In a communication failure, we would be unable to get assistance in an emergency or life-threatening situation, families and businesses would be unable to contact one another, and there would be disruption to ATM, EFTPOS and banking/financial systems.

Utility Company Lead Agency

The company whose equipment causes the loss of service would be the lead agency responsible for coordinating restoration of supply. They may require the support of councils and emergency services.  News media will broadcast information and updates.

History

Our community has become more and more dependent on technology and people often find it difficult to manage when services are cut or fail. Hawke's Bay have had numerous lifeline failures and below are the details of the most significant ones.

February 2002

A bulldozer ruptured the natural gas pipeline near Palmerston North butting gas supply to Hawke’s Bay, Manawatu and greater Wellington.  The pipeline took days to fix, affecting around 50,000 customers, although there was enough residual gas in the pipes to supply essential services and domestic users.  Large commercial users had to turn off supplies to conserve the remaining.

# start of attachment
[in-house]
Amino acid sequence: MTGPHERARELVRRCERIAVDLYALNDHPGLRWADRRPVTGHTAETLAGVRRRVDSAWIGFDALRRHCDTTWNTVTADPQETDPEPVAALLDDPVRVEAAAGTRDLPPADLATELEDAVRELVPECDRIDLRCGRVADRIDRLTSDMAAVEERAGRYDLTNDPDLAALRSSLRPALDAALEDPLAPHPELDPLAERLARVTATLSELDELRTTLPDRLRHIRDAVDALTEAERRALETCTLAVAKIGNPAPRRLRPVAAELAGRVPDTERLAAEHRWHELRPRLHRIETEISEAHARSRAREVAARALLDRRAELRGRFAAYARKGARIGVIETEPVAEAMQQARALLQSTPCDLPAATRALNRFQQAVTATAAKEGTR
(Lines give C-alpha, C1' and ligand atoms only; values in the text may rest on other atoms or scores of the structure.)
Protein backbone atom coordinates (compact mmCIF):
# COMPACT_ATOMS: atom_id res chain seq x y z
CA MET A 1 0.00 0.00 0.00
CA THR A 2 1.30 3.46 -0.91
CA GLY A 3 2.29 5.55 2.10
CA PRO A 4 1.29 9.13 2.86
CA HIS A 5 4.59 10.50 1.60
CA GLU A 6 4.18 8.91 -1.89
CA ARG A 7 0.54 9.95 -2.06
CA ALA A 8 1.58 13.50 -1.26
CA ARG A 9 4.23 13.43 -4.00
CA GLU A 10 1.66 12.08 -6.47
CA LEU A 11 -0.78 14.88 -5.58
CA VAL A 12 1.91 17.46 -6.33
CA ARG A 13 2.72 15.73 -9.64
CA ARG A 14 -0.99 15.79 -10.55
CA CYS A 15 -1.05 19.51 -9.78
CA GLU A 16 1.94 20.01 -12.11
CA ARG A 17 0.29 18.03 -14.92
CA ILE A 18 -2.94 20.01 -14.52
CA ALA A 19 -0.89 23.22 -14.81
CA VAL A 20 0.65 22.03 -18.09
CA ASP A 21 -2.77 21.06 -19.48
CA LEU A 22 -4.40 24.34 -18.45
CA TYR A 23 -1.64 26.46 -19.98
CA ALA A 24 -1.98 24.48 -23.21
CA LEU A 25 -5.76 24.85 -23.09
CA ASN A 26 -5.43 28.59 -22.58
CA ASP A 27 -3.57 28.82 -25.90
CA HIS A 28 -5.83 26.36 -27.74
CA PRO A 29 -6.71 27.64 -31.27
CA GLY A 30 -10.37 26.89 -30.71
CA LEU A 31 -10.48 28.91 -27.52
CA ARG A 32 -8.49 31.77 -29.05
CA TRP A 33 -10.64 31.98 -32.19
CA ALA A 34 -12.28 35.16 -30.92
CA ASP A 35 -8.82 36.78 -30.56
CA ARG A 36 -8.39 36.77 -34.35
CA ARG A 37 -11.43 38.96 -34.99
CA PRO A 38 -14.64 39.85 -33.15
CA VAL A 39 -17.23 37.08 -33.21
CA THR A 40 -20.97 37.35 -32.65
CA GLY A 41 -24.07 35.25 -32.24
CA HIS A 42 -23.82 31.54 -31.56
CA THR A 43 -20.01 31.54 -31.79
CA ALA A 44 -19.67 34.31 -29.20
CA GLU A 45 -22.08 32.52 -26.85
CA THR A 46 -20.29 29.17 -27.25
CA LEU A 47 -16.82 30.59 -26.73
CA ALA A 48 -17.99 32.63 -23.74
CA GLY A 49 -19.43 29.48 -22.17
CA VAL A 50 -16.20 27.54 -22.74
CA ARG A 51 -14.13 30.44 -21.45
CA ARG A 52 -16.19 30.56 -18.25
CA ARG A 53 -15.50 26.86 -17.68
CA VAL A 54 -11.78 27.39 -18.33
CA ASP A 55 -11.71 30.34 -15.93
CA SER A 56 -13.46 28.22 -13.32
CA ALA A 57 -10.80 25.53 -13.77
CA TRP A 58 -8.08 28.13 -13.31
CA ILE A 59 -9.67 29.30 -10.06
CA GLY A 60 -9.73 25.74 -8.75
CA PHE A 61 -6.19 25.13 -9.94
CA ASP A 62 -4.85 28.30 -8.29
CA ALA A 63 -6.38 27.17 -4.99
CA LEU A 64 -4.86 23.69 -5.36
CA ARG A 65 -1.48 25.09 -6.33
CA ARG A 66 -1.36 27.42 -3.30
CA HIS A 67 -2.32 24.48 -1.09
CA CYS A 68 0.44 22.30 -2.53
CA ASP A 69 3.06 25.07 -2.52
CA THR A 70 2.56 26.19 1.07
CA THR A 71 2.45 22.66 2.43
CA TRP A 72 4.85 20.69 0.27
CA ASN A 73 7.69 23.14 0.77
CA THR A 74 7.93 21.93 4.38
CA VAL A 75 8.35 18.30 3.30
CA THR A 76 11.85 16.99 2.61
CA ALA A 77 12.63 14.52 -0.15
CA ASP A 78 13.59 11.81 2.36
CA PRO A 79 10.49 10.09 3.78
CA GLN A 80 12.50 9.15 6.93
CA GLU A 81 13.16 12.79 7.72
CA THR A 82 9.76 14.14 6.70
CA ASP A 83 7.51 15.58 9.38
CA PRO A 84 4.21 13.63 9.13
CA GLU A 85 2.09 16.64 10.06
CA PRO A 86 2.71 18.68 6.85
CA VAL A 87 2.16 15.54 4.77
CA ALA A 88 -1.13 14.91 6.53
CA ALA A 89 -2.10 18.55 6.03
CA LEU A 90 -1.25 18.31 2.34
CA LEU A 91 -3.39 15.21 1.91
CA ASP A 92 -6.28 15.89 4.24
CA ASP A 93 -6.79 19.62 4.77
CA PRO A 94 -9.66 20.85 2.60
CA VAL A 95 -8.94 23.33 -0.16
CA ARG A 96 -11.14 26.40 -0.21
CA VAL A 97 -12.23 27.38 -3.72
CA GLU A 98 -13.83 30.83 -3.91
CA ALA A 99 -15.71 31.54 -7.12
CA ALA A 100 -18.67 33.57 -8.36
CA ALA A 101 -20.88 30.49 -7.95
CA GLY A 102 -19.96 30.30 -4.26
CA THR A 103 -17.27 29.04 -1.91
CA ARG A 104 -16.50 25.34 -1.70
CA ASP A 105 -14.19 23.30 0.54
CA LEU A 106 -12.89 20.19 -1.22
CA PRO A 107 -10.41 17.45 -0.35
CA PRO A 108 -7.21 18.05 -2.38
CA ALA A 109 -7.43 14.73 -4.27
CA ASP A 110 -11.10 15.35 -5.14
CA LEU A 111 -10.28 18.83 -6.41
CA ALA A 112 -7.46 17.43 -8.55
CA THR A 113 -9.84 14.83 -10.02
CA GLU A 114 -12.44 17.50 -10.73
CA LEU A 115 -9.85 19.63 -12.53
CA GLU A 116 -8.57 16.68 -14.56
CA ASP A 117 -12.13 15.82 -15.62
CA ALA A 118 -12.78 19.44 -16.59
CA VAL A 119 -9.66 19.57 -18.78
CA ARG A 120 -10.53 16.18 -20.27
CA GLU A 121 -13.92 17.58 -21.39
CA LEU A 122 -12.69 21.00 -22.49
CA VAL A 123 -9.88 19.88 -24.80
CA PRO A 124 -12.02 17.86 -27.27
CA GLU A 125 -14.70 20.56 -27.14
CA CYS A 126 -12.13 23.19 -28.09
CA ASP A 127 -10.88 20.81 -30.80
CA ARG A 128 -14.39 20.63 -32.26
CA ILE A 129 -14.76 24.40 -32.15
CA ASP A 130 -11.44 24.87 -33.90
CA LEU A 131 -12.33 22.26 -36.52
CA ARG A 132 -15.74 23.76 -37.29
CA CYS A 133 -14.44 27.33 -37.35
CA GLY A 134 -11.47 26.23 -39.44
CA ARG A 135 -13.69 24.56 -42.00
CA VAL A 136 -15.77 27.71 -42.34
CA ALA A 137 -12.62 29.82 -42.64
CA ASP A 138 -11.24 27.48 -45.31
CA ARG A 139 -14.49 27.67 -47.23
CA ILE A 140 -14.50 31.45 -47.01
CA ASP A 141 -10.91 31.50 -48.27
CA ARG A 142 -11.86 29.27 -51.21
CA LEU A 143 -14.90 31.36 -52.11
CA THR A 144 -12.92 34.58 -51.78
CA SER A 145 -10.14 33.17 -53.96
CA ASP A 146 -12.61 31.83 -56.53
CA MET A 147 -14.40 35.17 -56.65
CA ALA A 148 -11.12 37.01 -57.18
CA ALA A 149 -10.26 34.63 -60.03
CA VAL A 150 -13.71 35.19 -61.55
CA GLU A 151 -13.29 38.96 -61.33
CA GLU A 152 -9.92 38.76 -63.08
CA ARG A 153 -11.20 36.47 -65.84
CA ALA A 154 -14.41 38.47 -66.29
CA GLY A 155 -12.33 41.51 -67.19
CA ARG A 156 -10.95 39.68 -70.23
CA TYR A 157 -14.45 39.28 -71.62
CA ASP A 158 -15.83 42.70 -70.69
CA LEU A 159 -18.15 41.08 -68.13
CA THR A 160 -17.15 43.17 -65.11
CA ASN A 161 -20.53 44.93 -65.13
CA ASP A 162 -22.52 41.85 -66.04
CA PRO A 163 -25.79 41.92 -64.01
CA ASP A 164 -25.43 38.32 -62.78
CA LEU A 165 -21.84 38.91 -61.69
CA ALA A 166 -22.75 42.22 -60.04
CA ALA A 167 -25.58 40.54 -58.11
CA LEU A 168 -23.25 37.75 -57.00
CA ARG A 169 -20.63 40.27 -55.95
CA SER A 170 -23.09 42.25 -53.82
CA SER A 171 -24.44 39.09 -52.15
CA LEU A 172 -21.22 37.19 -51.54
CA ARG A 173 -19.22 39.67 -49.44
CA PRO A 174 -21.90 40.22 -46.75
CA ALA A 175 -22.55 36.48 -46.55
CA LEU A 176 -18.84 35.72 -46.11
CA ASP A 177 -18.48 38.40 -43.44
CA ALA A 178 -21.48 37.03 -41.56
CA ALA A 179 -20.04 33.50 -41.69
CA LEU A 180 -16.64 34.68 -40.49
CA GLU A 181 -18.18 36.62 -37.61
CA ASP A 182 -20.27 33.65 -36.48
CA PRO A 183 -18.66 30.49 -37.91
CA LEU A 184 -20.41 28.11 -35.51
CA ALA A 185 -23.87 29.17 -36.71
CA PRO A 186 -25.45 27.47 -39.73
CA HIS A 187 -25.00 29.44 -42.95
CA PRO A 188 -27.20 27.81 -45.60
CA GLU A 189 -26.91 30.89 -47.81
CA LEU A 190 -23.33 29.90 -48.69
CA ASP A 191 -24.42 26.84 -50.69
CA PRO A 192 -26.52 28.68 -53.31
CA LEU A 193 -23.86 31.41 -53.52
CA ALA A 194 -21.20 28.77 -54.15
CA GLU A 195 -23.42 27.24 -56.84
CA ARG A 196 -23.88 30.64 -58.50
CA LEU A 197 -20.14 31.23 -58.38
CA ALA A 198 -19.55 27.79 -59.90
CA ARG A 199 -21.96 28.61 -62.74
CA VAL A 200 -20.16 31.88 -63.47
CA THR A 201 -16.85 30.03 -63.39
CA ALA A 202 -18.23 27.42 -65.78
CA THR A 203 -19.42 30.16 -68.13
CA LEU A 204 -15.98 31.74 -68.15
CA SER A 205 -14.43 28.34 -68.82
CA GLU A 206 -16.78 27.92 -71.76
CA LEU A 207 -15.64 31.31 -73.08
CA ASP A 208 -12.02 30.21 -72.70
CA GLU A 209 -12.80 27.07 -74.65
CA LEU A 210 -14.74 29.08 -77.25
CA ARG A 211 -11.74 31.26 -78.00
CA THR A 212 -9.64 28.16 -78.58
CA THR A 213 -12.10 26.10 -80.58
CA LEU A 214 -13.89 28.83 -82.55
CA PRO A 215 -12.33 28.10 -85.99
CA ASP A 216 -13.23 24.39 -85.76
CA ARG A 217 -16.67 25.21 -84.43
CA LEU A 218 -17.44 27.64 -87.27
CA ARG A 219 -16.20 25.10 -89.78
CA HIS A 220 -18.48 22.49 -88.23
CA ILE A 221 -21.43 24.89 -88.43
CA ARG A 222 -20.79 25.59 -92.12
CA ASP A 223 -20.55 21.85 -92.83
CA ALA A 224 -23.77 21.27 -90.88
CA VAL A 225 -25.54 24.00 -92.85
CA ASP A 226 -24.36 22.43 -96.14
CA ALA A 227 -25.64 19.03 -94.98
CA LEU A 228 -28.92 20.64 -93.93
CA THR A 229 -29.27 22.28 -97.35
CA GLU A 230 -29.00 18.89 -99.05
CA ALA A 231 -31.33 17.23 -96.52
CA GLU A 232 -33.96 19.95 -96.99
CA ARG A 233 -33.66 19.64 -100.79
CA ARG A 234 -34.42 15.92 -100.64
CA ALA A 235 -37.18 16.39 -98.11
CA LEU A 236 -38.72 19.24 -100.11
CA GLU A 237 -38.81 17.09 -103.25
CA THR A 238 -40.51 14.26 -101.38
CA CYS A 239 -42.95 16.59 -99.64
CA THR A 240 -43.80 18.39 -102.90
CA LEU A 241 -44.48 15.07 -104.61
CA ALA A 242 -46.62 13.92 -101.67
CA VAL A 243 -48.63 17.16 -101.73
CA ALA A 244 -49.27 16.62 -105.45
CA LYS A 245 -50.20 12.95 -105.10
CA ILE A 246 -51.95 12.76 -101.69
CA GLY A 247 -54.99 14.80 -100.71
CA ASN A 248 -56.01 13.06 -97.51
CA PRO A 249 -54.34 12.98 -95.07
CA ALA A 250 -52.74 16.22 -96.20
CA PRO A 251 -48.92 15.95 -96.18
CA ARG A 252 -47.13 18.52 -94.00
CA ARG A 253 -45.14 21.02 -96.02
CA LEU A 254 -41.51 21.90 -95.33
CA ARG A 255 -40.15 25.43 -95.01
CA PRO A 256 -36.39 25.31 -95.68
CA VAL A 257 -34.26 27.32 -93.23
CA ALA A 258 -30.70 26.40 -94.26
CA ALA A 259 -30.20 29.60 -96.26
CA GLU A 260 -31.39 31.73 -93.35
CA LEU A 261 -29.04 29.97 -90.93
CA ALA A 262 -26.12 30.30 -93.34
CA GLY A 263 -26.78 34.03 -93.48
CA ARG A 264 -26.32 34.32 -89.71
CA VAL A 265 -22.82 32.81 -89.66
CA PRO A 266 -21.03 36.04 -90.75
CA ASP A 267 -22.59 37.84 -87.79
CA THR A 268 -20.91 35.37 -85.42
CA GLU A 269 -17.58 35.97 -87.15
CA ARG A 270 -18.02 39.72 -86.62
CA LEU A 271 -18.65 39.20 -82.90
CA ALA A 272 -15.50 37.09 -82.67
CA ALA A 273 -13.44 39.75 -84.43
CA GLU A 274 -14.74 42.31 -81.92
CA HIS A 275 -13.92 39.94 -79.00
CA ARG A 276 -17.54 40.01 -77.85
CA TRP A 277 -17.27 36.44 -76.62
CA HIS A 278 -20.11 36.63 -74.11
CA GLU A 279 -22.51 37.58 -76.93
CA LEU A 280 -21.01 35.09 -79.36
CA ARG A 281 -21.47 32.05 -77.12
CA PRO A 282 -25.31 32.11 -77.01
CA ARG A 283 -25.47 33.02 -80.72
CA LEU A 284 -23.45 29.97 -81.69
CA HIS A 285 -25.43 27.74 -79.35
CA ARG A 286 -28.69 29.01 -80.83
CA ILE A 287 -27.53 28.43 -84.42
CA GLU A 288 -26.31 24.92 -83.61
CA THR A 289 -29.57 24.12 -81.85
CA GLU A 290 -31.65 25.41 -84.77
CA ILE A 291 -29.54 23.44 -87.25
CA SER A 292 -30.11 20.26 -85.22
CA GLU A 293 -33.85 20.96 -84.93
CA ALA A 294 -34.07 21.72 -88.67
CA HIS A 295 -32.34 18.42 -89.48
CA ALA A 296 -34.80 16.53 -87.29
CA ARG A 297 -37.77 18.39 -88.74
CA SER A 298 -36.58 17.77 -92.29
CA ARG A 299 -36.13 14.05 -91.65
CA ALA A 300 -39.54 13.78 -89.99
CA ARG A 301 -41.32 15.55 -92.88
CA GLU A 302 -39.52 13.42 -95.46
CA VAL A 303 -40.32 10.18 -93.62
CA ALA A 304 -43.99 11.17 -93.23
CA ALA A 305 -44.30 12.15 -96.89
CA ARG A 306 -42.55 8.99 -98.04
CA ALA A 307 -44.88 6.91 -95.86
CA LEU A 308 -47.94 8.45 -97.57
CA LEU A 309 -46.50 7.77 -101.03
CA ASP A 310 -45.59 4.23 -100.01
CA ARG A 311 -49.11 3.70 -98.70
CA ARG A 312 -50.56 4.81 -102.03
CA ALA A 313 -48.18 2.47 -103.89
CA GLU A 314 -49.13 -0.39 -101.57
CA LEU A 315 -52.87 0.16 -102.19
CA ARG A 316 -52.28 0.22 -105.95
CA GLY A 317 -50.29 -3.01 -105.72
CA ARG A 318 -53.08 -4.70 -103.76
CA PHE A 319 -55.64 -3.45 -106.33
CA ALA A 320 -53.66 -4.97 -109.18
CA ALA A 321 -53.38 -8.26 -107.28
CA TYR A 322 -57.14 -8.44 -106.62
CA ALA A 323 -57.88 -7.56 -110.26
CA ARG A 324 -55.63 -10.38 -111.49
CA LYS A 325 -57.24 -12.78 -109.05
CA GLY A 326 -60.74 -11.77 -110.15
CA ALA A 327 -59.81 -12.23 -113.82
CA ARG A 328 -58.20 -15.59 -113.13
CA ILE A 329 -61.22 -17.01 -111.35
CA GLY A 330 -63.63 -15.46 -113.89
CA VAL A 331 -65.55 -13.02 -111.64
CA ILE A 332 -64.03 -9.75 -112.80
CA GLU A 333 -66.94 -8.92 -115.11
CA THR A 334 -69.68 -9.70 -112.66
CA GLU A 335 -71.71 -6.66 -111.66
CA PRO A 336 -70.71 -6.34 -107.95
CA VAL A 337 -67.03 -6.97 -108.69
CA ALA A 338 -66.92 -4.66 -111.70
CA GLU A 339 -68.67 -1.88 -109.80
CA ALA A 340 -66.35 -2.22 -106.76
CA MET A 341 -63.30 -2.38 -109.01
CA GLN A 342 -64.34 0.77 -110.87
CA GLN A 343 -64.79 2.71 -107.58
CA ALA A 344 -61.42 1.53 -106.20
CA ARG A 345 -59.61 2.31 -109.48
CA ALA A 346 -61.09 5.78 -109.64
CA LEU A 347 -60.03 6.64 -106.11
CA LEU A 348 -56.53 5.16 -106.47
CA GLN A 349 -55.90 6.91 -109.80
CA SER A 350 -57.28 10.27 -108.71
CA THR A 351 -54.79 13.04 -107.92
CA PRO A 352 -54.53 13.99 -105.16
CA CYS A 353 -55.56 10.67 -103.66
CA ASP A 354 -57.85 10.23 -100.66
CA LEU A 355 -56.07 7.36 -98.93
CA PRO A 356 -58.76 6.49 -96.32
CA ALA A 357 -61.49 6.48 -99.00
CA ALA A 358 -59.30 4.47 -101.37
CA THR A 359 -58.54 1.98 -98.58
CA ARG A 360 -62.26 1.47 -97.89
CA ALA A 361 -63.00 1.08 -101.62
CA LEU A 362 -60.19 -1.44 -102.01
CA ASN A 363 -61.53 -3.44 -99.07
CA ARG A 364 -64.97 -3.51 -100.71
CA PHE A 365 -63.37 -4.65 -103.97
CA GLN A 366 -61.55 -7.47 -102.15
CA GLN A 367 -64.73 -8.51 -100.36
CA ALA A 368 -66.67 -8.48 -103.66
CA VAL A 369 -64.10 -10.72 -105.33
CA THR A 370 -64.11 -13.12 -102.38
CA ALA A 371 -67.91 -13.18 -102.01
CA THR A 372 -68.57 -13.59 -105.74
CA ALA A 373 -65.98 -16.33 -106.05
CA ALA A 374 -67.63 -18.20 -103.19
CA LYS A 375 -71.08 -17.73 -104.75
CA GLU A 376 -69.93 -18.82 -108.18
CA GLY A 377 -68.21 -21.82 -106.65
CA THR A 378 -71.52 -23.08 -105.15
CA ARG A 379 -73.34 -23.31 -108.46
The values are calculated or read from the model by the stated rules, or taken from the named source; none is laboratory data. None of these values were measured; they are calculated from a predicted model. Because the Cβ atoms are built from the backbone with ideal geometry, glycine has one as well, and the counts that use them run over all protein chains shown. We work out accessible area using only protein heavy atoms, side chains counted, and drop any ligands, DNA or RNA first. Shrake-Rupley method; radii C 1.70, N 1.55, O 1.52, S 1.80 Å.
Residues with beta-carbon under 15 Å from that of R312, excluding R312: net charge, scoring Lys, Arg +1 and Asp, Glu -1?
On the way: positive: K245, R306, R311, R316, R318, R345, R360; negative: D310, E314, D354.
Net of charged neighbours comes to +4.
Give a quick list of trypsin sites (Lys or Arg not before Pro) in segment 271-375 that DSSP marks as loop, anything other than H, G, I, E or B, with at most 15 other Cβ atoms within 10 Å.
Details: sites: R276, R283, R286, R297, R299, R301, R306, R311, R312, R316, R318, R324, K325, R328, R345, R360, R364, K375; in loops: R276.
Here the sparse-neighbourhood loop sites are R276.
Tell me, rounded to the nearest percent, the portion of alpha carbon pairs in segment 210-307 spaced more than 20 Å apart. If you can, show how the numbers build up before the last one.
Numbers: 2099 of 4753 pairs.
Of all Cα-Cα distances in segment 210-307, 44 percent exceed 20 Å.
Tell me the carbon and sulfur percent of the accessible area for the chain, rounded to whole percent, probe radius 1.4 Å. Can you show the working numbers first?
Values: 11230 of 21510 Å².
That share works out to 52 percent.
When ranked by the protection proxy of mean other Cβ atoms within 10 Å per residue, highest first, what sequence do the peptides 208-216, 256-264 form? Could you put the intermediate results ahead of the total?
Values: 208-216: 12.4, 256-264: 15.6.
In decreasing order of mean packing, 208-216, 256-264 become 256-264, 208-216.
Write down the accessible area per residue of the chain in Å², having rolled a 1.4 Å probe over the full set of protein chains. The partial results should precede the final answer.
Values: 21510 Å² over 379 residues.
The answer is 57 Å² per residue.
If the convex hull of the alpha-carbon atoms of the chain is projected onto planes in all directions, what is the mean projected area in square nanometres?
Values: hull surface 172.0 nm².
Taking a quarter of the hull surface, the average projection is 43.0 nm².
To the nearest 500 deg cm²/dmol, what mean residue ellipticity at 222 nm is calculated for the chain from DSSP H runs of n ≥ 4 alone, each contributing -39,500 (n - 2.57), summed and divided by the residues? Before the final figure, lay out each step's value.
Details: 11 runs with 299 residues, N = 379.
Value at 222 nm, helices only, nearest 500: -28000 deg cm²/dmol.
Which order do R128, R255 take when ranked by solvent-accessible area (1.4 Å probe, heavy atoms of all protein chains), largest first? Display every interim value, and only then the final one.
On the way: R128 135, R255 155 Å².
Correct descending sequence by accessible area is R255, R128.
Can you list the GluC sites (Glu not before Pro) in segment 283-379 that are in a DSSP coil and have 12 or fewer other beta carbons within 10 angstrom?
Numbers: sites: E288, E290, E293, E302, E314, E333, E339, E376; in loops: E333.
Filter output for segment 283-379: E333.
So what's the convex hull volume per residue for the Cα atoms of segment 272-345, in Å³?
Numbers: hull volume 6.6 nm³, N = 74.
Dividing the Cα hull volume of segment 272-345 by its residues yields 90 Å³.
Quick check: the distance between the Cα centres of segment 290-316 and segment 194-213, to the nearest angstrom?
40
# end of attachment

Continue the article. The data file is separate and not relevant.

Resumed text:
15/16 August 2001

Gale force winds and rain struck Hawke's Bay. Winds gusting to 90km/h caused power cuts from Dannevirke to Wairoa and closed the Napier-Taihape Road. The winds and electrical storm caused line faults and blew fuses that blacked out hundreds of homes in Napier and Hastings, particularly in Pirimai and in the area from Windsor Park to Havelock North in Hastings. In the Wairoa district, Morere and Taui were affected by blackouts. Snowfalls were also widespread.

25/26 September 2000

Hawke’s Bay was thrown into commercial and domestic chaos by the region’s biggest storm-driven blackout in almost 40 years. The power cut was estimated to have cost the region’s industry hundreds of thousands of dollars. The region blacked out twice when both the 110kv transmission line from Tuai and the 220kv links with Wairakei failed at the height of the storm, which left the region’s high country under snow. The first total blackout lasted about an hour and occurred in the middle of the night, but the most damaging blackout began on Tuesday 26 September at 4:45 am and lasted up to 5 hours in some areas. It was the first time in 22 years that the area’s three electricity supply points, the Redcliffe, Whakatu and Fernhill sub-stations, were all out at the same time.